If you are a coder, you already know what HTML is - HyperText Markup Language. It is mainly used to format the text for the web, although HTML is not limited to that.
XML - Extensible Markup Language - is another markup language. Both uses tags to format the text.
In this post, we are going to discuss something different, which is Markdown. I hope this quick post will help you to grasp the basics of Markdown.
Table Of Contents
What is Markdown
Simply put, Markdown is a way to format text, without using complex tags.
It not only includes the syntax, but also includes the converter, which converts a Markdown syntax to corresponding HTML tags, so that it can be displayed on the web.
Why use Markdown? The Advantages
Let me give a context before getting into the advantages of Markdown.
We all know how to write simple texts using a software like Notepad (in Windows). It allows creating simple text documents, but doesn’t allow much formatting.
The disadvantage? Although basic programs like Notepad are easy to use, it is not at all useable when you want to create or read complex text documents.
There comes WYSIWYG editors. Microsoft Word, Google Docs, etc are examples. They allow you to use different styles of texts - paragraphs, headings, lists, tables, etc. Most content management systems like WordPress also support some form of WYSIWYG editor.
You can even embed images, tables, etc, using these sophisticated editors. But again, it has certain disadvantages.
The main one is that you have to frequently use your mouse to make the formatting.
For example, if you want to bold a part of the text, first you have to type it, then use the mouse or trackpad to select the text, then click on the appropriate button to make it bold.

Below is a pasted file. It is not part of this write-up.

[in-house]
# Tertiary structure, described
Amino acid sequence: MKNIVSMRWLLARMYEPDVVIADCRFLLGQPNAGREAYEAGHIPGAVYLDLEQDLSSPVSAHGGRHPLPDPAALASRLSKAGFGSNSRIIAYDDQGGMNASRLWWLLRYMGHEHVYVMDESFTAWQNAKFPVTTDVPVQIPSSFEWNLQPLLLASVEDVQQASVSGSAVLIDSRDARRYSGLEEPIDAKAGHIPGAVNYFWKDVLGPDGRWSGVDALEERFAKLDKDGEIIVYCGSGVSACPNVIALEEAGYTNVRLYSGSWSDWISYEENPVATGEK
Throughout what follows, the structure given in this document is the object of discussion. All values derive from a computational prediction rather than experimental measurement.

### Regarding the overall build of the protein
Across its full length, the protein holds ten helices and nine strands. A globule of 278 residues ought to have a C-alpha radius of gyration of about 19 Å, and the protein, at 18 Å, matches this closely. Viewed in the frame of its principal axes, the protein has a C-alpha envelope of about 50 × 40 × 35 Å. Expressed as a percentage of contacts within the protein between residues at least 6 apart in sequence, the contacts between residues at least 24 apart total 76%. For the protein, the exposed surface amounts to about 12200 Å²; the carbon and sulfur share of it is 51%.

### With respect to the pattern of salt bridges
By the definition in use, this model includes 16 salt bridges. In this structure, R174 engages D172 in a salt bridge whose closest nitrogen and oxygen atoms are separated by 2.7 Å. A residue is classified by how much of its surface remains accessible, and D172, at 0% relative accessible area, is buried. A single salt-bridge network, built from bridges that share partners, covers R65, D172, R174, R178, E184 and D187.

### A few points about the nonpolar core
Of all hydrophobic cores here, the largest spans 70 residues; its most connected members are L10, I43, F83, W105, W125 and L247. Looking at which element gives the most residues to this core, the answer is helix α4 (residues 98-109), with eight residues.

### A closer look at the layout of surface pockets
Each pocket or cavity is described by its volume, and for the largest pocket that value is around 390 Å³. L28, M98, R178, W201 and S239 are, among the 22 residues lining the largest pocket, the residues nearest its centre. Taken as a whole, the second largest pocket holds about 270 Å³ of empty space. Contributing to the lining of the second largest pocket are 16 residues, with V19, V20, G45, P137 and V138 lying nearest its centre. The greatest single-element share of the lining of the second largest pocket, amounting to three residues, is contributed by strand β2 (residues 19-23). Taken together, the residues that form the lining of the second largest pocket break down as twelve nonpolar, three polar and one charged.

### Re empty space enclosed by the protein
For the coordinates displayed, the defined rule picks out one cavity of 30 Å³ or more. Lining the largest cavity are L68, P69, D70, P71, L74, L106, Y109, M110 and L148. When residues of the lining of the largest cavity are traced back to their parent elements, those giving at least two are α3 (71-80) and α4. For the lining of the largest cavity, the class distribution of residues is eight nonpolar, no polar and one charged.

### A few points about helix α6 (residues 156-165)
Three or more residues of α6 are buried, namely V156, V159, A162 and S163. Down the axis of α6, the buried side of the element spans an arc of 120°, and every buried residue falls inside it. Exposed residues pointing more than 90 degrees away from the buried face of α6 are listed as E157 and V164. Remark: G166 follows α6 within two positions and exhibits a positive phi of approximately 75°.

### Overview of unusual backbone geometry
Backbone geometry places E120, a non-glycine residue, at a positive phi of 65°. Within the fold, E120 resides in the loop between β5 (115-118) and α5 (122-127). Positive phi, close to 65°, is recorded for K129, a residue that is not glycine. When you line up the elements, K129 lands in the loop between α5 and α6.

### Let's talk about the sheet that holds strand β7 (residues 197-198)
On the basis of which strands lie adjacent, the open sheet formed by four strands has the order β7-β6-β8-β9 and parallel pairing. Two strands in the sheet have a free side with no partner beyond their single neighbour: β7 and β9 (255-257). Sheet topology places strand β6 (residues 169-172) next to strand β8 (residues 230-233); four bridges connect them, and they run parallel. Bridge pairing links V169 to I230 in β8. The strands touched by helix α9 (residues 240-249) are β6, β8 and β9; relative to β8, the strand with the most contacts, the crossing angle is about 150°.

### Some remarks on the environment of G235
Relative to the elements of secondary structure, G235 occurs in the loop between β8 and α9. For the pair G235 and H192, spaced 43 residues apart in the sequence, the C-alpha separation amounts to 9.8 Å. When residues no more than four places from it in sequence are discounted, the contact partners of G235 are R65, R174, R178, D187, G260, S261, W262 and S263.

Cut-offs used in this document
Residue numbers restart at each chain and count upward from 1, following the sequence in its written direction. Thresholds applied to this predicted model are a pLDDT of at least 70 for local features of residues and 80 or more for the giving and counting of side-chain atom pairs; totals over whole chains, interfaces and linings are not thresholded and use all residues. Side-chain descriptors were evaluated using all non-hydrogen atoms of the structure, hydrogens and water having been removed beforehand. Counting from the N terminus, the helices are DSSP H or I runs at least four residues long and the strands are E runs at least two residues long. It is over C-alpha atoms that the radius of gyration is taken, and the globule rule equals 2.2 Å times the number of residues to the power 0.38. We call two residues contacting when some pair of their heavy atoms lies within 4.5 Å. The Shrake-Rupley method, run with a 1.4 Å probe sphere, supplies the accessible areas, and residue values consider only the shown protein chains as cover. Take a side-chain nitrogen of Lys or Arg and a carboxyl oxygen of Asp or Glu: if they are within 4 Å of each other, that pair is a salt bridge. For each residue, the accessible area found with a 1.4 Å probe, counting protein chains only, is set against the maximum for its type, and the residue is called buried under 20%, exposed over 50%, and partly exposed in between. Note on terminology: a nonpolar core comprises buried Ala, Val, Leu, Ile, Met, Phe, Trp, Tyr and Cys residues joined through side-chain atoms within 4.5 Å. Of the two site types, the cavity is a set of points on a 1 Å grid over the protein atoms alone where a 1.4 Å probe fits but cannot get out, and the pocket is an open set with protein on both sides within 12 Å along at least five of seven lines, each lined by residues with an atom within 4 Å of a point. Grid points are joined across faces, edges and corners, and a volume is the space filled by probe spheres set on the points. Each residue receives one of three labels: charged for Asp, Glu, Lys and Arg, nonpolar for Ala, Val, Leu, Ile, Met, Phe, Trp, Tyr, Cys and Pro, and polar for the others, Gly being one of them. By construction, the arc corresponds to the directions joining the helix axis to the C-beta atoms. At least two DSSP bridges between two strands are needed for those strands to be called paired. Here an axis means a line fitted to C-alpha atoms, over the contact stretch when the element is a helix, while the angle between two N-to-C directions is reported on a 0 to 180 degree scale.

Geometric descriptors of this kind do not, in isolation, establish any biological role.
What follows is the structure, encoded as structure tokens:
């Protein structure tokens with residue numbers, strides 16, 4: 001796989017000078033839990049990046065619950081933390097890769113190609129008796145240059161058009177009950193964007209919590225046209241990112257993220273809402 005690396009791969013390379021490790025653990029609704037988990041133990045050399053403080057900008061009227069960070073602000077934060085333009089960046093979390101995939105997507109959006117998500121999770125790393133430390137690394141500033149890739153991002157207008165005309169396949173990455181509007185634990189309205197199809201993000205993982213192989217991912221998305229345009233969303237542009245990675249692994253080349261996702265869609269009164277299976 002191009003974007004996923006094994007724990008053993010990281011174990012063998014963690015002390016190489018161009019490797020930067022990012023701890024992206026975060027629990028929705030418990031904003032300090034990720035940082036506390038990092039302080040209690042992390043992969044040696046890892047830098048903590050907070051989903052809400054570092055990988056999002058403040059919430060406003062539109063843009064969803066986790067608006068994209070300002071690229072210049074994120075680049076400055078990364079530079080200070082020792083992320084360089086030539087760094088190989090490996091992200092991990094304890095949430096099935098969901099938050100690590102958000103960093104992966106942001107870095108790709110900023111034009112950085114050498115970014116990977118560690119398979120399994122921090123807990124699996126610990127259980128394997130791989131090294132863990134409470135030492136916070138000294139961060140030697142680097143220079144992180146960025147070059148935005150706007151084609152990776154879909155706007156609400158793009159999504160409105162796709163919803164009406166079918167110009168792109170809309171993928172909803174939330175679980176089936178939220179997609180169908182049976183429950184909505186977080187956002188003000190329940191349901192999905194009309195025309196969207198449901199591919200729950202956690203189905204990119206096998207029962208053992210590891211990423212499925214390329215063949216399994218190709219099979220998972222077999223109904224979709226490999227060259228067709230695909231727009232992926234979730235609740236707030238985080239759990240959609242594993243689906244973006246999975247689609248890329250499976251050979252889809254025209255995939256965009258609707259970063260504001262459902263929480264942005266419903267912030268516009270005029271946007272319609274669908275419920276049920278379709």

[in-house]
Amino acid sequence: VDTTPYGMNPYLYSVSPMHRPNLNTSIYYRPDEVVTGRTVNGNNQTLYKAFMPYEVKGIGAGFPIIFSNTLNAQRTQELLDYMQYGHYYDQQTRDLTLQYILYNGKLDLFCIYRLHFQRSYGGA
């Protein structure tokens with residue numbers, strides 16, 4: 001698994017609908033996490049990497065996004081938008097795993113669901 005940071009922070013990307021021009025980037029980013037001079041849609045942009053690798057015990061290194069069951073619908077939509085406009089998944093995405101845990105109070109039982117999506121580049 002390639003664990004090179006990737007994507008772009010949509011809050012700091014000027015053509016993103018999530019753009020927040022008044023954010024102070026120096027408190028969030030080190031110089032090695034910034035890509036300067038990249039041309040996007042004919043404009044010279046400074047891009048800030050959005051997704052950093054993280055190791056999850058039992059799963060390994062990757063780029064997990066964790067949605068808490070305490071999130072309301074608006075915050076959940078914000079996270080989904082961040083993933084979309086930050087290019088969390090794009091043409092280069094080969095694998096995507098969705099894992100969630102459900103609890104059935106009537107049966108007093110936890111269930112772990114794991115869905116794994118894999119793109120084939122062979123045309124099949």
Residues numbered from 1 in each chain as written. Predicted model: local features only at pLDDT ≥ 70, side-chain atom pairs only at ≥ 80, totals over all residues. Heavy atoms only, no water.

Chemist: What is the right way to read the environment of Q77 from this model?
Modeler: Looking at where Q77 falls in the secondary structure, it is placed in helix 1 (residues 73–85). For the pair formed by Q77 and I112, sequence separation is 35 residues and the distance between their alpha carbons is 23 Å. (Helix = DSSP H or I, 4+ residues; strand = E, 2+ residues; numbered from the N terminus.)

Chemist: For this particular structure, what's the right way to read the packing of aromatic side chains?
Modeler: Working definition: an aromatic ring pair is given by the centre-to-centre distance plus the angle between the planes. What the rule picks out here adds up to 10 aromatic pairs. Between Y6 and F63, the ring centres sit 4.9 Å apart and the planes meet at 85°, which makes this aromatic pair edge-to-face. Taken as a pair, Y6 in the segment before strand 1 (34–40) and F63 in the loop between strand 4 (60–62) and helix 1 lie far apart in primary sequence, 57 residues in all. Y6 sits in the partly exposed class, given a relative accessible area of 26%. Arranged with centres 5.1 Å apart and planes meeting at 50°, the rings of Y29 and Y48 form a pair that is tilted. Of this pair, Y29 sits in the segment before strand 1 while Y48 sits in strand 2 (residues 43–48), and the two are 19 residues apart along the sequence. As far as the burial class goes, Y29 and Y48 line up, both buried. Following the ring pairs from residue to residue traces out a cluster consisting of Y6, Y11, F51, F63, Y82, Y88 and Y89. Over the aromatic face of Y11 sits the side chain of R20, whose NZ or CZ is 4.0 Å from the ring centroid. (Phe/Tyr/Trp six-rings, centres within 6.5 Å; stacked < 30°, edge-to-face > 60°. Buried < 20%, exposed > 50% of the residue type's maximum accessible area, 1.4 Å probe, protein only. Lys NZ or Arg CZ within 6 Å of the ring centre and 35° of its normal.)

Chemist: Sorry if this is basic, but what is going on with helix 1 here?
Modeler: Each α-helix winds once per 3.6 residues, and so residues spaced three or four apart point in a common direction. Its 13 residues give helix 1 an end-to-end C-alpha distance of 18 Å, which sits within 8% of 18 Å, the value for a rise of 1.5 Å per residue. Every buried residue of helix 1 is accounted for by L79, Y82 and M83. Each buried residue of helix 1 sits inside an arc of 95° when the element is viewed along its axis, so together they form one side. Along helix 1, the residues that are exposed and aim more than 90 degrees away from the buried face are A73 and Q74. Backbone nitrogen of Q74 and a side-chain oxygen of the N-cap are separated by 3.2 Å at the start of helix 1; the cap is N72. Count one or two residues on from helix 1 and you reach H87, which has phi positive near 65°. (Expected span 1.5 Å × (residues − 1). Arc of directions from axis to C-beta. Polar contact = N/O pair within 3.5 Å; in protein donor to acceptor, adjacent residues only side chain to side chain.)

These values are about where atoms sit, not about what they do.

From an author’s point of view, it is still an inconvenience, although better than a Notepad. The best way would be having a way to type and format texts without moving your fingers away from the keyboard.
That’s what Markdown offers. It gives a simple syntax to format the text while typing. For example, if you want to add a sub-heading (h2), just add two hash symbols in front of the text. No more selecting and clicking.
## Best Blogging Platforms - An Example Heading
Later the converter interprets all these notations and converts it into valid HTML. Not just HTML, free tools like Dillinger allows exporting Markdown texts to other formats like PDF too.
In short, Markdown gives the best of both worlds - WYSIWYG and HTML.
Also, you can use any text editor to write in Markdown, even Notepad, although it won’t do the conversion for you.
Disadvantages of Markdown
However, Markdown is not perfect either. The main disadvantage I found is:
- it doesn’t support all the tags that we usually use in a WYSIWYG editor.
For example, there is no direct way to add an image in a figure tag with caption. Some markdown supports plain
<img> tags, though.
Want to split your content into two rows?
No easy way other than using HTML code. Whereas in WordPress, you can insert a columns block, and set the number of columns, all using its graphical user interface.
In such cases, you feel the limitations of Markdown. Complex formatting are not possible, or requires more work.
Fortunately, Markdown supports raw HTML too, so if you want to create complex layouts, you can create them by entering HTML code in between Markdown.